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2015.01.07

The Interview: A Very American Comical Tragedy

JBpress on December 26, 2014

  • Kunihiko Miyake
  • Research Director
    Kunihiko Miyake
  • [Expertise]
    Foreign Affairs and National Security

A Hollywood film company makes a satirical movie about North Korea. Pyongyang allegedly wages a series of cyber attacks against the firm's servers, which leads to the postponed public screening of the film. The U.S. President says the film maker made a mistake. Wait a minute. The silent majority of Japanese have no clue what really happened in Washington.

The world's media has focused on North Korea's capability in cyber warfare. Did Pyongyang really hack Sony Pictures Entertainment (SPE)? If this is the case, did they do it all by themselves? Did China assist the North Korea's cyber operations? If so, to what extent? These are all relevant questions. Something simple but more fundamental, however, seems to have been ignored.

Make no mistake, I have no objection to the way the U.S. government treated North Korea. I fully respect and defend basic human rights, including the American film makers' freedom of speech and expression. But my viewpoint is completely different. My initial reaction, when I first heard the news, was, "What if something like this had happened to a Tokyo-based movie company?"

Just imagine a scenario where a Japanese movie company decides to film a comedy about North Korea. The company releases a movie trailer which angers the grandson of the Dear Leader. Pyongyang files an official protest against the Japanese Government and requests the suspension of the movie. The result would be greatly different from the SPE case.

First of all, the silent majority of Japanese would not consider a scenario in which Japanese journalists were asked by the CIA to assassinate the young dictator of North Korea as a particularly amusing premise for a movie. Secondly, no Japanese scenario writers would draft such a potentially fatal script. Finally, North Korea may respond with direct, even physical attacks against the Japanese company who dared to create such a film.

Here in East Asia, unlike in America, such a film would be more like a politically incorrect tragedy than a comedy. The issue is not about freedom of speech, but is related to the dignity of your proud neighbor. The Korean Peninsula may be far from Hollywood, but it is just a short distance from Japan, where approximately a half-a-million North and South Koreans actually live.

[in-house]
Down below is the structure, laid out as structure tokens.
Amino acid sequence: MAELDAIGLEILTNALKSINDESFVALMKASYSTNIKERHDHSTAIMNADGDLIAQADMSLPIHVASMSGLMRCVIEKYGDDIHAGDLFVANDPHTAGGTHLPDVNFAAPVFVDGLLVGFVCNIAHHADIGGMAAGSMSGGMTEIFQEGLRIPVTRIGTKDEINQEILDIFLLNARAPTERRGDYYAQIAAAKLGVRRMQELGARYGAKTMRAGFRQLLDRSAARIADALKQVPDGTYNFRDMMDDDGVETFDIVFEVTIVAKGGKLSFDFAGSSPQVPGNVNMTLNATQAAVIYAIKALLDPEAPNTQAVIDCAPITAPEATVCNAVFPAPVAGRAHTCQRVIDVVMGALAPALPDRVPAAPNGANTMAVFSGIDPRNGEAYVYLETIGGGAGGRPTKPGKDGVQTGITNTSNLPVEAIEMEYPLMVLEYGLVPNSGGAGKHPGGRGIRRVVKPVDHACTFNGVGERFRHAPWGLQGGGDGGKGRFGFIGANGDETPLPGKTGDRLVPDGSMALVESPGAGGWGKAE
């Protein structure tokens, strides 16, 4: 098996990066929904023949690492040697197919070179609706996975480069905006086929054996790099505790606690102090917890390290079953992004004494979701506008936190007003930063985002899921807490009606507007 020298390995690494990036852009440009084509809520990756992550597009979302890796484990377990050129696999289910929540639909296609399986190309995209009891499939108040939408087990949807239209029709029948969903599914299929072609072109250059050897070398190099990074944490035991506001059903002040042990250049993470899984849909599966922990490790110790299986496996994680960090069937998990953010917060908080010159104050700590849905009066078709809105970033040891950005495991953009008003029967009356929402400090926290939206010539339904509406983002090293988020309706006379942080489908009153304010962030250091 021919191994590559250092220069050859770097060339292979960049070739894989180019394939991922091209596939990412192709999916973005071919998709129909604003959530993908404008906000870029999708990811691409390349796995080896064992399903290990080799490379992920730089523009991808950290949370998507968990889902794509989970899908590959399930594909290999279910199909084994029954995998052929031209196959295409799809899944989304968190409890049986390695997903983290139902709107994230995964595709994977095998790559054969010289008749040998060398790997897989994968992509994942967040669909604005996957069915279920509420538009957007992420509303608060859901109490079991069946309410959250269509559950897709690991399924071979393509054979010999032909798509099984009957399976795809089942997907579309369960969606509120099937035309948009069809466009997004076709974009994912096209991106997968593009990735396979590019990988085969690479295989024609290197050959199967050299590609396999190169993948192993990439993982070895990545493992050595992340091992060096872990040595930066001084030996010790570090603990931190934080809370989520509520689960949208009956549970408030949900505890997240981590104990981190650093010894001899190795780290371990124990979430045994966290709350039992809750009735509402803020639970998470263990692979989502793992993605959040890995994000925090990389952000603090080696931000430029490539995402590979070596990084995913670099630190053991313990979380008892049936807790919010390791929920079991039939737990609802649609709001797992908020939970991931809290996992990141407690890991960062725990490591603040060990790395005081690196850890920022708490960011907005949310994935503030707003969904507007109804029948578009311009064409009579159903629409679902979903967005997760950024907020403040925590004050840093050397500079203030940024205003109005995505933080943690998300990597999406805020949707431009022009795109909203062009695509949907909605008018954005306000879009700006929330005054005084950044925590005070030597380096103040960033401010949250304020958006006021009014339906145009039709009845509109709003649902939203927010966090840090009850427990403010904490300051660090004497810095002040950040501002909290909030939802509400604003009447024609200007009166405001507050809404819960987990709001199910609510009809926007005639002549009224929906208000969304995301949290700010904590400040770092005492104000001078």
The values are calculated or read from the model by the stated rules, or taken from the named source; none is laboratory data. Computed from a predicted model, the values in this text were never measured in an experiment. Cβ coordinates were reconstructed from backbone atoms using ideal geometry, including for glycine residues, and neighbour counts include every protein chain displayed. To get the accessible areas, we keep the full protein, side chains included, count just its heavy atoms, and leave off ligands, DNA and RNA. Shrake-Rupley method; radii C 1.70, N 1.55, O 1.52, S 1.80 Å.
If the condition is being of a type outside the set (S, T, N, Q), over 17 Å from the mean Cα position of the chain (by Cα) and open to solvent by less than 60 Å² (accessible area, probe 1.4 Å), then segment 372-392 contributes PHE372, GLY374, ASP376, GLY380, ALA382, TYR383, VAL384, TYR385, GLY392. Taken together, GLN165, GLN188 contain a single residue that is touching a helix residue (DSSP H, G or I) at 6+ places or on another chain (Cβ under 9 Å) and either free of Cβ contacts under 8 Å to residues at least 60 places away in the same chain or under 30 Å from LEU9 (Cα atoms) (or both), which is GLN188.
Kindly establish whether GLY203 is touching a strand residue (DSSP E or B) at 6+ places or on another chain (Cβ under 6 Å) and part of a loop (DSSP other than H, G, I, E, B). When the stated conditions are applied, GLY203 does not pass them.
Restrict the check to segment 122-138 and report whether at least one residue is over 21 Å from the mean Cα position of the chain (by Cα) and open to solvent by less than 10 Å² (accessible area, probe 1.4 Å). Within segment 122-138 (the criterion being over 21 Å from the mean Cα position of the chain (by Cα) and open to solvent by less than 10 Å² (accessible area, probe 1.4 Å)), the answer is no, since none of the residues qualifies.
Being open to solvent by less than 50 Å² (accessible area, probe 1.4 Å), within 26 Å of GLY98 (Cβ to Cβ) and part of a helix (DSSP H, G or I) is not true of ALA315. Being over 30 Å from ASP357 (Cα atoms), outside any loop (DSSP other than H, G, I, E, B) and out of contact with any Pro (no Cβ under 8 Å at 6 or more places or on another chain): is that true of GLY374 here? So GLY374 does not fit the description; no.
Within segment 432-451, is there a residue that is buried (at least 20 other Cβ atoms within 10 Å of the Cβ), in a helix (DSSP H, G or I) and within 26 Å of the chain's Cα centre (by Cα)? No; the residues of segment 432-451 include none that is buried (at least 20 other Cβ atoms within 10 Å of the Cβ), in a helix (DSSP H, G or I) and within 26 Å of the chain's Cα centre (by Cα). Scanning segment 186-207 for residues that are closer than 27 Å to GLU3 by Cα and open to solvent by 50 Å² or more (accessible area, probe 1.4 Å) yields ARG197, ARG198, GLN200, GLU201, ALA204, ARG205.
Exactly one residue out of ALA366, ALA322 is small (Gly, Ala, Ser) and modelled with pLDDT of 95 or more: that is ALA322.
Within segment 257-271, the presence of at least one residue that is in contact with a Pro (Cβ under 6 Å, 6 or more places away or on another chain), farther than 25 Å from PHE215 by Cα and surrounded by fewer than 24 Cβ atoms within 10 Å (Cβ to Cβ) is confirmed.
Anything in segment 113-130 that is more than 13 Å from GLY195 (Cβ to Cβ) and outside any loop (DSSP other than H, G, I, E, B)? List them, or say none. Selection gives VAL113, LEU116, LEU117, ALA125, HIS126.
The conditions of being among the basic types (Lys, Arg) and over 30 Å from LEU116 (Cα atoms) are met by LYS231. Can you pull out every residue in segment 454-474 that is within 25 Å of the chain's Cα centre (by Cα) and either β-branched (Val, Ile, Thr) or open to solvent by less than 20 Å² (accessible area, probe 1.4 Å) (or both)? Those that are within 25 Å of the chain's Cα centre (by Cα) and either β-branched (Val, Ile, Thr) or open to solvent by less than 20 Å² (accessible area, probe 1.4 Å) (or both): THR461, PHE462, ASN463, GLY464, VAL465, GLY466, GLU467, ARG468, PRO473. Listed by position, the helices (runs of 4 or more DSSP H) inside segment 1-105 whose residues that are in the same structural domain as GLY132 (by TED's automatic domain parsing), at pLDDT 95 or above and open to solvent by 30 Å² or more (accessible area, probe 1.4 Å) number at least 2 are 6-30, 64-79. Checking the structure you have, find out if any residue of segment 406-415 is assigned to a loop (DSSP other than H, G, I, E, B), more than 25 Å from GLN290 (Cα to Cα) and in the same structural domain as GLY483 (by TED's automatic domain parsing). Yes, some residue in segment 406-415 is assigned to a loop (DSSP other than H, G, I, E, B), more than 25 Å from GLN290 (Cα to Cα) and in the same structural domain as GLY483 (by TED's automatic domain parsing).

Simply put, "The Interview" is just another B-class American political satire which the North Koreans should not have taken seriously. That said, although I would never try to justify Pyongyang's excessive response, it must be noted that there are some good reasons for the regime to be infuriated.

"The Interview" reminds me of a film entitled "Hot Shots! Part Deux." This satirical American film made fun of another world leader, Iraqi dictator Saddam Hussein. I saw it in Washington D.C. in the summer of 1993. If my memory is correct, it was a "Rambo" parody starring Charlie Sheen. I also remember that there was no official protest or warning against the film maker from the Government of Iraq at that time.

Comparing the reaction to these two movies helps us understand the following: Kim Jon-un and Saddam Hussein are both notorious dictators. Both are known for being extremely sensitive to "losing face." Saddam, however, seems to have been able to balance his haughtiness with a level of maturity. At least, he didn't seem to give a damn about a B-class satirical film made in Hollywood.

Kim Jon-un seems comparatively smaller and more childish. If he were as mature as Saddam, North Korea would not have resorted to such suicidal cyber warfare, which has brought more harm than benefit to Pyongyang. This is the kind of dictator that we East Asians must deal with in the 21st century.

All of this leads to a final question: what if a Hollywood movie company made a satirical comedy film in which two American journalists were asked to assassinate the top leader of the Chinese Communist Party? Actually, this hypothetical scenario is quite improbable, because any Hollywood studio would almost certainly self-censor if presented with a proposal to film such a movie.

The warning from China might be very subtle and informal. The Chinese Government would only need hint that it may not allocate any film import quota to Hollywood studio for the following year. Remember that the latest James Bond movie filmed in Shanghai. This is not an issue of freedom of speech, simply a commercial consideration.

Is the North Korean or the Chinese approach more harmful and detrimental to America's ideals of basic human rights?

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